Beth: Sunday, Nov. 14, 5:45 p.m.

You truly are the wind beneath our wings. You permitted us to sink to the deepest and soar to the highest all while being supported by your love and strength. Thank you for being you and for the love you continued to show throughout this incredible journey and on Friday. You know how to nurture and sustain, and I thank you from the very bottom of my broken heart. All my love and many thanks forever. Beth

Posted: Sunday 14th November 2004, 2:41 PM

Beth, Wednesday, Nov. 10, 7:30 p.m.

Dear friends and family: Final arrangements for Jim's memorial have been made. The memorial will take place this Friday, Nov. 12, at 3:00 p.m. at the Cedar Lane Unitarian Universalist Church, 9601 Cedar Lane, Bethesda, Md. 20814, telephone: 301-493-8300. A reception will follow at our home at 4 Spring Hill Court, Chevy Chase, Md. 20815; telephone: 301-656-3353. Our family invites you to join us in celebrating Jim's life, and in doing so, be with us on this very special day. In addition, we would like to ask if any of you would like to say a few words or thoughts you may have about your relationship with Jim. If you would like to do so, please let me know via e-mail at bstarr@bna.com as soon as possible so sufficient time may be provided. If you feel more comfortable having someone else read your prepared words, just let me know. Please let us know as soon as possible if you would like to speak.
We look forward to being with you on Friday. Much love, Beth and family.

Posted: Wednesday 10th November 2004, 4:39 PM

Monday, Nov. 8, 11:51 p.m.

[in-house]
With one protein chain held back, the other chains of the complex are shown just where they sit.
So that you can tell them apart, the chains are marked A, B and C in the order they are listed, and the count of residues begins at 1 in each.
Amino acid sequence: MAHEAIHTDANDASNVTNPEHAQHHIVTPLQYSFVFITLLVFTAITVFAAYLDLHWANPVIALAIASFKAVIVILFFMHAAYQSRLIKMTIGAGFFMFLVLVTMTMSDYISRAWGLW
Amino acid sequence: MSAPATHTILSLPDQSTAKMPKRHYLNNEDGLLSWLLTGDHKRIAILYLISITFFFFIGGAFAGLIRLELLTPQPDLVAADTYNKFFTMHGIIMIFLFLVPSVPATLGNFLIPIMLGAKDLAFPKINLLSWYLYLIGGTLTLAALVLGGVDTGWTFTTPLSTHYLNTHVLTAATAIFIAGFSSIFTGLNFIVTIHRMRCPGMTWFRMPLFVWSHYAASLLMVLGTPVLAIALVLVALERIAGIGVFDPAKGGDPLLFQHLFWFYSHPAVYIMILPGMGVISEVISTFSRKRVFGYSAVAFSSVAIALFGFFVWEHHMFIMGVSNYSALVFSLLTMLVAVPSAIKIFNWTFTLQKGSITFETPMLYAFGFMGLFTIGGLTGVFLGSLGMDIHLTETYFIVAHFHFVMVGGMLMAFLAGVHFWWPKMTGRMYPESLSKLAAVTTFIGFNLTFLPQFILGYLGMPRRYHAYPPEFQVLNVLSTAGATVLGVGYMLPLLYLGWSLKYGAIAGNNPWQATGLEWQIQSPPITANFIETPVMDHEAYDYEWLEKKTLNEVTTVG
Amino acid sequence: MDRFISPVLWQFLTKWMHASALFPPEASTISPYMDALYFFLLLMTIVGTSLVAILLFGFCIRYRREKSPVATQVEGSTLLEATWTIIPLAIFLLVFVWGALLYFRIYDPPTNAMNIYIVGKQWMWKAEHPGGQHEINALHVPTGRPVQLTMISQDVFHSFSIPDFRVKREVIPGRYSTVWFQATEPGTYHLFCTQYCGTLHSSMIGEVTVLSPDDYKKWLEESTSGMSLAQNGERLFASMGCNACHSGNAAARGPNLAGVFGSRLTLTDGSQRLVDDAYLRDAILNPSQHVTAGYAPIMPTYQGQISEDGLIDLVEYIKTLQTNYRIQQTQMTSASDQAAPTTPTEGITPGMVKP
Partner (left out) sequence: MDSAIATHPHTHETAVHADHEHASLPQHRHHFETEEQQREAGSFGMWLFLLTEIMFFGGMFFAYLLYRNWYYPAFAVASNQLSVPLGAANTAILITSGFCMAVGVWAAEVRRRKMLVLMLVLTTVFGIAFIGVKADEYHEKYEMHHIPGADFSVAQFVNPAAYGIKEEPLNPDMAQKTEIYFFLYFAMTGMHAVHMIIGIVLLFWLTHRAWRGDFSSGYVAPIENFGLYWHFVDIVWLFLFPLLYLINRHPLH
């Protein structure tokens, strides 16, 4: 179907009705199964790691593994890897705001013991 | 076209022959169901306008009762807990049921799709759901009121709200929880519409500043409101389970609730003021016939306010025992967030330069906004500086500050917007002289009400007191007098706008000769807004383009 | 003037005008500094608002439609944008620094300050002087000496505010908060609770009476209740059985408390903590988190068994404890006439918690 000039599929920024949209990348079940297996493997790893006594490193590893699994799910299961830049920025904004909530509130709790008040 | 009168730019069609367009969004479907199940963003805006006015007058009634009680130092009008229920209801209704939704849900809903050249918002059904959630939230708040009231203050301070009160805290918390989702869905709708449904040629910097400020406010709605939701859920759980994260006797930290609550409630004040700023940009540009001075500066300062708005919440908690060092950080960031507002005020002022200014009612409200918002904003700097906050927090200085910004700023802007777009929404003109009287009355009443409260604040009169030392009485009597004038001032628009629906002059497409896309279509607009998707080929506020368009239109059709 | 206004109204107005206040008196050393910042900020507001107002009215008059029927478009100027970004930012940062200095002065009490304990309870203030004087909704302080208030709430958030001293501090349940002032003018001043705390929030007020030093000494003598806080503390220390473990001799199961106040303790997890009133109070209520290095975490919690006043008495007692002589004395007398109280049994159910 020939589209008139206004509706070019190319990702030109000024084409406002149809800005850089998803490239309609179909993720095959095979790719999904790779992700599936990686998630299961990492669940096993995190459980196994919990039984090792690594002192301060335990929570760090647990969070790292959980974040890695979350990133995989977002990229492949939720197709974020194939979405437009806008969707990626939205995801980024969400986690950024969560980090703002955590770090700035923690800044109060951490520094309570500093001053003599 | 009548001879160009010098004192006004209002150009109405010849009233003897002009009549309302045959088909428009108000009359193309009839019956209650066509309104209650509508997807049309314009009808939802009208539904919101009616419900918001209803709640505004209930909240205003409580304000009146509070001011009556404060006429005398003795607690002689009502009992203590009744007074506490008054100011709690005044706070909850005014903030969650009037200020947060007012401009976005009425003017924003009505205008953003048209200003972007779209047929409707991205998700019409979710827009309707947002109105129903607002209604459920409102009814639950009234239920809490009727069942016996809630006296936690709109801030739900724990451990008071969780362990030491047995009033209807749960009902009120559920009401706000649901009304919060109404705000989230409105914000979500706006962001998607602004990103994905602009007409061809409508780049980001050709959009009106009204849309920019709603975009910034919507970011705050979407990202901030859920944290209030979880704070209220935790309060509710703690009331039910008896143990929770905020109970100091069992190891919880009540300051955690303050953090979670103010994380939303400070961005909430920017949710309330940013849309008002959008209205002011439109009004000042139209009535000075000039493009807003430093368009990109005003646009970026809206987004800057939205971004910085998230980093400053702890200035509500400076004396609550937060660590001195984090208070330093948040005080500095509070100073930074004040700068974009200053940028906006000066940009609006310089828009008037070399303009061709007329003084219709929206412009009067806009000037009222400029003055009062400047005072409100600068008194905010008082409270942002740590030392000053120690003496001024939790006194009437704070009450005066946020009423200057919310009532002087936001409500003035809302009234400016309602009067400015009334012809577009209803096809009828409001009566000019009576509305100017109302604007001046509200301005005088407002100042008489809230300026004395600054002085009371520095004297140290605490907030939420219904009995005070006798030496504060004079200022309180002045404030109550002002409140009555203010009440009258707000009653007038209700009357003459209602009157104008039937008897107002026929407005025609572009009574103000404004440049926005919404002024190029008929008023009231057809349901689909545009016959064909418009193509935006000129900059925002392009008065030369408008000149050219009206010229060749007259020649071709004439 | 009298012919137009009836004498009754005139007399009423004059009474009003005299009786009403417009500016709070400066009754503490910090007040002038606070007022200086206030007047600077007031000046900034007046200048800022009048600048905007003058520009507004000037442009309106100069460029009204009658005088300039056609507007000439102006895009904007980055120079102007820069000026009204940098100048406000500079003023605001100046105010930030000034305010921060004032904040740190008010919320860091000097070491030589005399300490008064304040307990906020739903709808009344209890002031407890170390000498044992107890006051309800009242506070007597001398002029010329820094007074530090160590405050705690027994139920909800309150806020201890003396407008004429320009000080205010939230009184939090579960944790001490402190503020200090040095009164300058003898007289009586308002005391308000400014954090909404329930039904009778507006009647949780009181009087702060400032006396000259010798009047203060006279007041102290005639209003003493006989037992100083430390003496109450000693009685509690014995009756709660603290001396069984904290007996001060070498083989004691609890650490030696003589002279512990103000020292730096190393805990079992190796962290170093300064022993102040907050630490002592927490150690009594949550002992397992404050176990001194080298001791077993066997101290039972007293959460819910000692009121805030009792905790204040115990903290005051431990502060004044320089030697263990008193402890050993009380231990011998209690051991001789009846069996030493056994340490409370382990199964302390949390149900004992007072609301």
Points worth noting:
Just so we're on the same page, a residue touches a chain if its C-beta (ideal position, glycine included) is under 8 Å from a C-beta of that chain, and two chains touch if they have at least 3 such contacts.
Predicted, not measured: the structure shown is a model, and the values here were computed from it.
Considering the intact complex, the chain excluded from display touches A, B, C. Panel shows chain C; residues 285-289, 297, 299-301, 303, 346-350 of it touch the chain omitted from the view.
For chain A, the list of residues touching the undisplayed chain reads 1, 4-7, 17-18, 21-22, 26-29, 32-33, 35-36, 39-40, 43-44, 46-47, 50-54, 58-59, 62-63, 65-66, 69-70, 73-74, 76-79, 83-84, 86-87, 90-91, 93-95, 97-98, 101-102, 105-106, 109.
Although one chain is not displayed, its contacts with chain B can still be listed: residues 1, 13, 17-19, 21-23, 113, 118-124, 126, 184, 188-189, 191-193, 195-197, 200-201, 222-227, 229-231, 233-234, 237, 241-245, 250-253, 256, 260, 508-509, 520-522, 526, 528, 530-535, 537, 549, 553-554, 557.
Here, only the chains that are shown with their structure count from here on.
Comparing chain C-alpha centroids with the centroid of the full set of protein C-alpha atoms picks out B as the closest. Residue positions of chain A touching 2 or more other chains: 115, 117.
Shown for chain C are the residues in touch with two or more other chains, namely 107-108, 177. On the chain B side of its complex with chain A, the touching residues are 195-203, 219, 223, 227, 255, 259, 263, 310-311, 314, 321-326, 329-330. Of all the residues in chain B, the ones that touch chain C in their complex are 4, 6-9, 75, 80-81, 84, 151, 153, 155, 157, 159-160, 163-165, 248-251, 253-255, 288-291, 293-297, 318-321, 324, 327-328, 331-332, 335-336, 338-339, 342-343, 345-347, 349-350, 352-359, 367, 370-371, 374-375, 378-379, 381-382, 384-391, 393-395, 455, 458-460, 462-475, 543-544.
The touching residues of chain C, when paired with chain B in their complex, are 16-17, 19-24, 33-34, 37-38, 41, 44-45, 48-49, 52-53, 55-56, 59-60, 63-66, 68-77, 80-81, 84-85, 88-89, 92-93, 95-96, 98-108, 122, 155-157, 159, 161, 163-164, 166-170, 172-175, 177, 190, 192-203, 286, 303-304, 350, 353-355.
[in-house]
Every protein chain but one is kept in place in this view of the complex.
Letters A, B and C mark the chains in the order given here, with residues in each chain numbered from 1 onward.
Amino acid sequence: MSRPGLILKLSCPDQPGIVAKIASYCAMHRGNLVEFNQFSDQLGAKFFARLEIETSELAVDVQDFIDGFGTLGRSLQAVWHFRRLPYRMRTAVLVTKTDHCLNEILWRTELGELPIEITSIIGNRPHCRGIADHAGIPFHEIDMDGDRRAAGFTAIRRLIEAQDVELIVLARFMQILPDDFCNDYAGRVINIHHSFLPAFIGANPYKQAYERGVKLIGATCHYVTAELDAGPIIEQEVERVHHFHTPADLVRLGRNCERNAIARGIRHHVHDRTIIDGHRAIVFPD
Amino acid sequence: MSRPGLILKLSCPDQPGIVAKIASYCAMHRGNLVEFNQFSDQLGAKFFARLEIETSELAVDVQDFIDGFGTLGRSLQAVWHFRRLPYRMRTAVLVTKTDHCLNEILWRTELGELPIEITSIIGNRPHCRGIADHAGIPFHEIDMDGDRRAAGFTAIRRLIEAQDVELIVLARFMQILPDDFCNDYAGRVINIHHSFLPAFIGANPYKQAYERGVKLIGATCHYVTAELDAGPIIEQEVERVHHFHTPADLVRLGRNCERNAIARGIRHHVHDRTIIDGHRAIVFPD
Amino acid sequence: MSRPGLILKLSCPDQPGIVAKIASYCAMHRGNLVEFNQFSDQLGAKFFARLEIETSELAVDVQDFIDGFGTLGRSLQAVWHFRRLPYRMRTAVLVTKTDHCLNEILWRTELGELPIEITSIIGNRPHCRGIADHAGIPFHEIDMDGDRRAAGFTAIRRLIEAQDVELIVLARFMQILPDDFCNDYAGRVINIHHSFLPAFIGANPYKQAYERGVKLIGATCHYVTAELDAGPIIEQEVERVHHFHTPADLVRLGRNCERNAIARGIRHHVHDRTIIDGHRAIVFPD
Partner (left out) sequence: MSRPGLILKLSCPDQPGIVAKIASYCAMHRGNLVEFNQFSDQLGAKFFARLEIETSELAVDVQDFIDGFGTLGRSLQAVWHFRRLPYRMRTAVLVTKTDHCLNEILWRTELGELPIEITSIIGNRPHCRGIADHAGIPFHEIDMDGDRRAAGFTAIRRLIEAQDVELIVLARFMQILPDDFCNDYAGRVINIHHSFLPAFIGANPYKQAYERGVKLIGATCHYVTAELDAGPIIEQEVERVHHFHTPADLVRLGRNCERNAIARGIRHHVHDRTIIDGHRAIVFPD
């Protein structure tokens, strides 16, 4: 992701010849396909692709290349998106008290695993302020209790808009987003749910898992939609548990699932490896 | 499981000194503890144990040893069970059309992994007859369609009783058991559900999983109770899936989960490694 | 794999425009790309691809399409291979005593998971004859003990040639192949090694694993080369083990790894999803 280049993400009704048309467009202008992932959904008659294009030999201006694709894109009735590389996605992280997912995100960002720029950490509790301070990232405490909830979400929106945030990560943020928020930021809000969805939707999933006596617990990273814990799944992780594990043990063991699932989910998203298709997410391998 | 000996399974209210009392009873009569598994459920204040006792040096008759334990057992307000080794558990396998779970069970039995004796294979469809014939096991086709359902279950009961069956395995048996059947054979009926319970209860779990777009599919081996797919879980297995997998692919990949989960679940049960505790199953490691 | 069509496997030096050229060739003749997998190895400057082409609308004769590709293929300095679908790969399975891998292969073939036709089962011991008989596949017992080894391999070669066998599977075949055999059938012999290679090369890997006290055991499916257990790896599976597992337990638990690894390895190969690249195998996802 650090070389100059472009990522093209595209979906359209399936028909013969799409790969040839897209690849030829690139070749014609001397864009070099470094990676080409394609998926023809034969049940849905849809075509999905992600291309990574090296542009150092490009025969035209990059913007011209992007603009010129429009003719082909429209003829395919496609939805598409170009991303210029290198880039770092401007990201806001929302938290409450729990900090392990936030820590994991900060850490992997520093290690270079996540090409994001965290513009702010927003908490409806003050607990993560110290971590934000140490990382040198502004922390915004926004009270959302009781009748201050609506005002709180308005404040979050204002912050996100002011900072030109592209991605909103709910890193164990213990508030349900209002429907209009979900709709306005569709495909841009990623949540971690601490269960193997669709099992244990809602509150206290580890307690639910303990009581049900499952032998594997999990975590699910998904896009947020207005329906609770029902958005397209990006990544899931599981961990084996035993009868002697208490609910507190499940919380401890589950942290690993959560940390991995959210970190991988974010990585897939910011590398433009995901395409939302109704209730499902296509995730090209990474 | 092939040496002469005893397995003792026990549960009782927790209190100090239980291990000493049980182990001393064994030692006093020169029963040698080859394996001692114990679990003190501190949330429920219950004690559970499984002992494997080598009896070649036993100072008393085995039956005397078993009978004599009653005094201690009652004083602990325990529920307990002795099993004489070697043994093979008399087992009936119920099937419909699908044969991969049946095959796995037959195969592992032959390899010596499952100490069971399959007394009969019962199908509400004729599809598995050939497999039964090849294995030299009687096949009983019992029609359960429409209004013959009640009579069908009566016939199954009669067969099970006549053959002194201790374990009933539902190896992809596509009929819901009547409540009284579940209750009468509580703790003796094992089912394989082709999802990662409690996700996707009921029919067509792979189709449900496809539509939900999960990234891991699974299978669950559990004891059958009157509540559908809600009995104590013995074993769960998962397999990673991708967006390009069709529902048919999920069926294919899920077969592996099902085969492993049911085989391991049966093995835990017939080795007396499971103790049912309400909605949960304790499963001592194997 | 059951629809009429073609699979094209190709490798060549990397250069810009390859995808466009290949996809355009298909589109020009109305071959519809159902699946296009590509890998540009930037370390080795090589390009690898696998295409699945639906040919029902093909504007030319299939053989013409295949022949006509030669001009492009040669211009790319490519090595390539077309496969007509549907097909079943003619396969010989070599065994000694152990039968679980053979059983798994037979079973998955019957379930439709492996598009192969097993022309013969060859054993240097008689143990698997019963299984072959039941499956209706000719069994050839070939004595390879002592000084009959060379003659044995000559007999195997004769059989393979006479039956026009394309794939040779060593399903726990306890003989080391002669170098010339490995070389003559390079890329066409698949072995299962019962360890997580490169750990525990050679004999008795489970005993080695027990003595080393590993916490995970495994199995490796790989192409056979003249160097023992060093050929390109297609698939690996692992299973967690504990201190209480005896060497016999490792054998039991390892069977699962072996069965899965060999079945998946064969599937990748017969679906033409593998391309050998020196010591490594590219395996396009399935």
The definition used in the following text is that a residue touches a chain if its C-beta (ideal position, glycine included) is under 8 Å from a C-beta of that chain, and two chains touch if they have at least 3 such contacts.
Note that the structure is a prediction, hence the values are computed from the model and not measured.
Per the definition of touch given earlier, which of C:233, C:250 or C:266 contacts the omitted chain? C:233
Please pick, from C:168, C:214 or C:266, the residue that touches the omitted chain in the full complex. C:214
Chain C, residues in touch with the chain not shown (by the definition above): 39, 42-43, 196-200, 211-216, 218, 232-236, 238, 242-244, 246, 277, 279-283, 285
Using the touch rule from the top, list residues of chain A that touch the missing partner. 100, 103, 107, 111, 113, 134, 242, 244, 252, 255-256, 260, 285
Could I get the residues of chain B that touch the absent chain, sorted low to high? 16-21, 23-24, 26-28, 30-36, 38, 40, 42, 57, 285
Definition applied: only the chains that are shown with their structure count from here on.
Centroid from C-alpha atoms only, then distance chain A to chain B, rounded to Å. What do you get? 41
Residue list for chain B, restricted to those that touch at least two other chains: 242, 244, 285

My Jim died peacefully tonight in our home at 7:48 p.m. surrounded by our wonderful family and holding my hand. It's been an exhausting day for us, and there is much to take care of in the days to come. I will be posting to this site the memorial arrangements. Please know how much you mean to me. Love, Beth

Posted: Monday 8th November 2004, 8:54 PM

Beth: Monday, Nov. 8, 10:30 a.m.

I thought I would be able to go to work today as usual at 5:30 a.m. I left Jim asleep having given him his morning pills, which he barely was able to swallow. He was in and out of a coma-like "sleep" taking one labored breath every so often. Once I got to work, I knew it was not the right thing for me and that I no longer could hold it together being away from him. As soon as my boss came in at 7:00, I broke down and let it all out. I told him the right place for me now was at Jim's side for as long as needed. I left immediately to go home and will remain so here. Jim no longer can move by himself or keep awake. We are together at home the way it should be. I could not leave his care up to anyone, including the wonderful nurses from hospice. Regardless of who comes, I will be here. I feel so relieved that I cannot even tell you. I talk to him constantly, touch him all the time, and tell him how much I and you love him. There is all there is to do and say. Thank you for everything. We are here, and you are here with us. Much love. Beth

Posted: Monday 8th November 2004, 7:38 AM